Prof. Brad Thompson of Clemson University writes this week in Minding the Campus on the impact of corporate donations to institutions of higher education. In particular, he describes some of the controversy we’ve seen in recent years about donations from unabashedly pro-capitalist sources like BB&T and the Charles Koch Foundation. The allegedly insidious influence of such funding has even inspired the creation of the activist group “UnKoch My Campus.” Of course, as Casey Given of Students for Liberty has recently pointed out, George Soros has been spending far more on higher education programs than Charles and David Koch put together, but that hasn’t kept the campus left from crying foul.
Donations from both sources should be welcomed. If politically-savvy billionaires want to rain funding for more teaching and research down on the universities of America, let them. As Prof. Thompson reminds us, the endowing of new programs and study centers tends to lead to more campus diversity and academic freedom, not less.
The standard dictionary definition of academic freedom is the “freedom to teach or learn without interference.” The principle applies to individual faculty members and their right to teach ideas that might be unpopular. The BB&T and Koch academic programs have done nothing to interfere with the freedom of anyone to teach or learn what they want. At every university that has accepted BB&T or Koch money, not a single faculty member’s academic freedom has been denied or compromised in any way. I publicly challenge the critics of these donations to name one faculty member anywhere in America whose academic freedom has been threatened by these grants.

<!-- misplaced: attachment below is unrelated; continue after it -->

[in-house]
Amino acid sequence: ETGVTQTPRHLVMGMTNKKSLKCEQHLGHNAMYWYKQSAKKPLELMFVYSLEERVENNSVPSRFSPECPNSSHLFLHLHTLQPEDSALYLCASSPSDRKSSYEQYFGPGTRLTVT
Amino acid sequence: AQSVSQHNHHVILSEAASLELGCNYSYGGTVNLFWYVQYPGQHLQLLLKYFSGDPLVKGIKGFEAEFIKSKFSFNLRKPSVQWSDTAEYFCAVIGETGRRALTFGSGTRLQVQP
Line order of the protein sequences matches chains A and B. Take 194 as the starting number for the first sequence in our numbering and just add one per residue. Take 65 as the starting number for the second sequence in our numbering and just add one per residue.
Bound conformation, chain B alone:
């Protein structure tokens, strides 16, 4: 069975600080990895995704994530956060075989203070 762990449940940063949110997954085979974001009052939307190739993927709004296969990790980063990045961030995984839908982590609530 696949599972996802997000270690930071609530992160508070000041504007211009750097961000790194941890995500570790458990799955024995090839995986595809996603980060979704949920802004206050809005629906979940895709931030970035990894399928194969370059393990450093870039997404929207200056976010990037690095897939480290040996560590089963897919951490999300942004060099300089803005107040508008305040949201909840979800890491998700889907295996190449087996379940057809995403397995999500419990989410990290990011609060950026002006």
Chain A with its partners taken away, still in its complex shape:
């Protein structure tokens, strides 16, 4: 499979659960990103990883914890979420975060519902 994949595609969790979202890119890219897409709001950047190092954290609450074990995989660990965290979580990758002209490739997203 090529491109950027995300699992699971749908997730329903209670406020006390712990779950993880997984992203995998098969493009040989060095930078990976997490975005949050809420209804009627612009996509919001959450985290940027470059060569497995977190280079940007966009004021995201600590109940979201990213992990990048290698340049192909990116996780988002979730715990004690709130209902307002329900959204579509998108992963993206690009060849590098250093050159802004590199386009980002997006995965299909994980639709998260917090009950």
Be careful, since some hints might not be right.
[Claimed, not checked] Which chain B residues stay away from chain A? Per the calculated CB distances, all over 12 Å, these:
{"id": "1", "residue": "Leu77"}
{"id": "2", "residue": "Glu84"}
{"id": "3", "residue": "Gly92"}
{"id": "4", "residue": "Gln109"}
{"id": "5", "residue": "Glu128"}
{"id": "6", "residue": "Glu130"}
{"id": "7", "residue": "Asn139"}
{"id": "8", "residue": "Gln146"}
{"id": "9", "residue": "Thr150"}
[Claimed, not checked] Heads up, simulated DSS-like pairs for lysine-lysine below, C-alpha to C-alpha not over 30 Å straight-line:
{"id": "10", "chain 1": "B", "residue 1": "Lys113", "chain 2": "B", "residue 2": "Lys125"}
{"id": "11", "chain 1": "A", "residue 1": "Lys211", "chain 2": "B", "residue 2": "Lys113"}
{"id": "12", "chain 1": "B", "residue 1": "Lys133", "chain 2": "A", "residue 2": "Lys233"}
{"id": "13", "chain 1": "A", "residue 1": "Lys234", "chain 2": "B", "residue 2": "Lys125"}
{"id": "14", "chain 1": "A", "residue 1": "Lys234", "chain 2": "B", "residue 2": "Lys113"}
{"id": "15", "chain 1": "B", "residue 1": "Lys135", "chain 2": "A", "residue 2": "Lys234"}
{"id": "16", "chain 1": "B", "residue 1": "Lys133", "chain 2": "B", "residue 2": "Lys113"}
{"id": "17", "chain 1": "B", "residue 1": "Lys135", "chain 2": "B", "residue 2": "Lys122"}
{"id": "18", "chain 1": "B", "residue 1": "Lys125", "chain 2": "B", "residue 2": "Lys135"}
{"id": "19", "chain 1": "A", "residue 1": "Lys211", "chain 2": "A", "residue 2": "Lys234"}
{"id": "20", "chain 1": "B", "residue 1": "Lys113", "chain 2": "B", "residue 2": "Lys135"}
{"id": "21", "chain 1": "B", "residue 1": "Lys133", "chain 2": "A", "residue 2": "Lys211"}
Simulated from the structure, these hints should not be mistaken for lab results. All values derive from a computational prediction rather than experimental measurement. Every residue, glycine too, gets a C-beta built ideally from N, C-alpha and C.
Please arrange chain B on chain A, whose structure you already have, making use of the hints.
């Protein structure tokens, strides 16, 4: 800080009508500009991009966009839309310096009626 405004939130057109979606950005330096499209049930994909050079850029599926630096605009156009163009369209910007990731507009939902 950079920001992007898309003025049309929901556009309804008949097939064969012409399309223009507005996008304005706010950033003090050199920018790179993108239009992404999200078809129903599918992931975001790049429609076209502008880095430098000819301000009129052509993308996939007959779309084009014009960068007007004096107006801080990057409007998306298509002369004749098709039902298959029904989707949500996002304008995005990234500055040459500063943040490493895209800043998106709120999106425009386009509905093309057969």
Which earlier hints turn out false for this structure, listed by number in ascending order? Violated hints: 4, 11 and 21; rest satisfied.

The real reason why activists want their trustees to turn down millions of dollars in potential funding is that they share the anti-capitalist bias that is widespread in U.S. higher education. The effort to keep “corporate money” out is part of a larger effort to shut down and delegitimize the voices of anyone in the wealth-producing economy. We see it at colleges and universities, and we see it in politics on both the state and national levels.
When leftist activists started attacking the American Legislative Exchange Council (ALEC) in 2012, they declared that bringing business representatives and state legislators together, as ALEC does, constituted some sort of nefarious plot. Their argument was that public policy that was generated with even the partial input of for-profit companies must be tainted. My colleague Fred Smith wrote at the time:
This effort to drive out pro-market voices is far more extensive than the attack on ALEC. Anti-business forces already have succeeded at excluding business experts from governmental policy advisory councils and imposing second-class status on them in academic journals. Any nonprofit political organization that receives business funding comes under constant attack – unless, that is, the funding is aimed at expanding the size and scope of government.
Both the campus environment and our national political life need as many good ideas as possible. More voices and perspectives lead to a more robust marketplace of ideas, and the only people who need fear that diversity are those who suspect that their own theories are too weak to withstand the competition.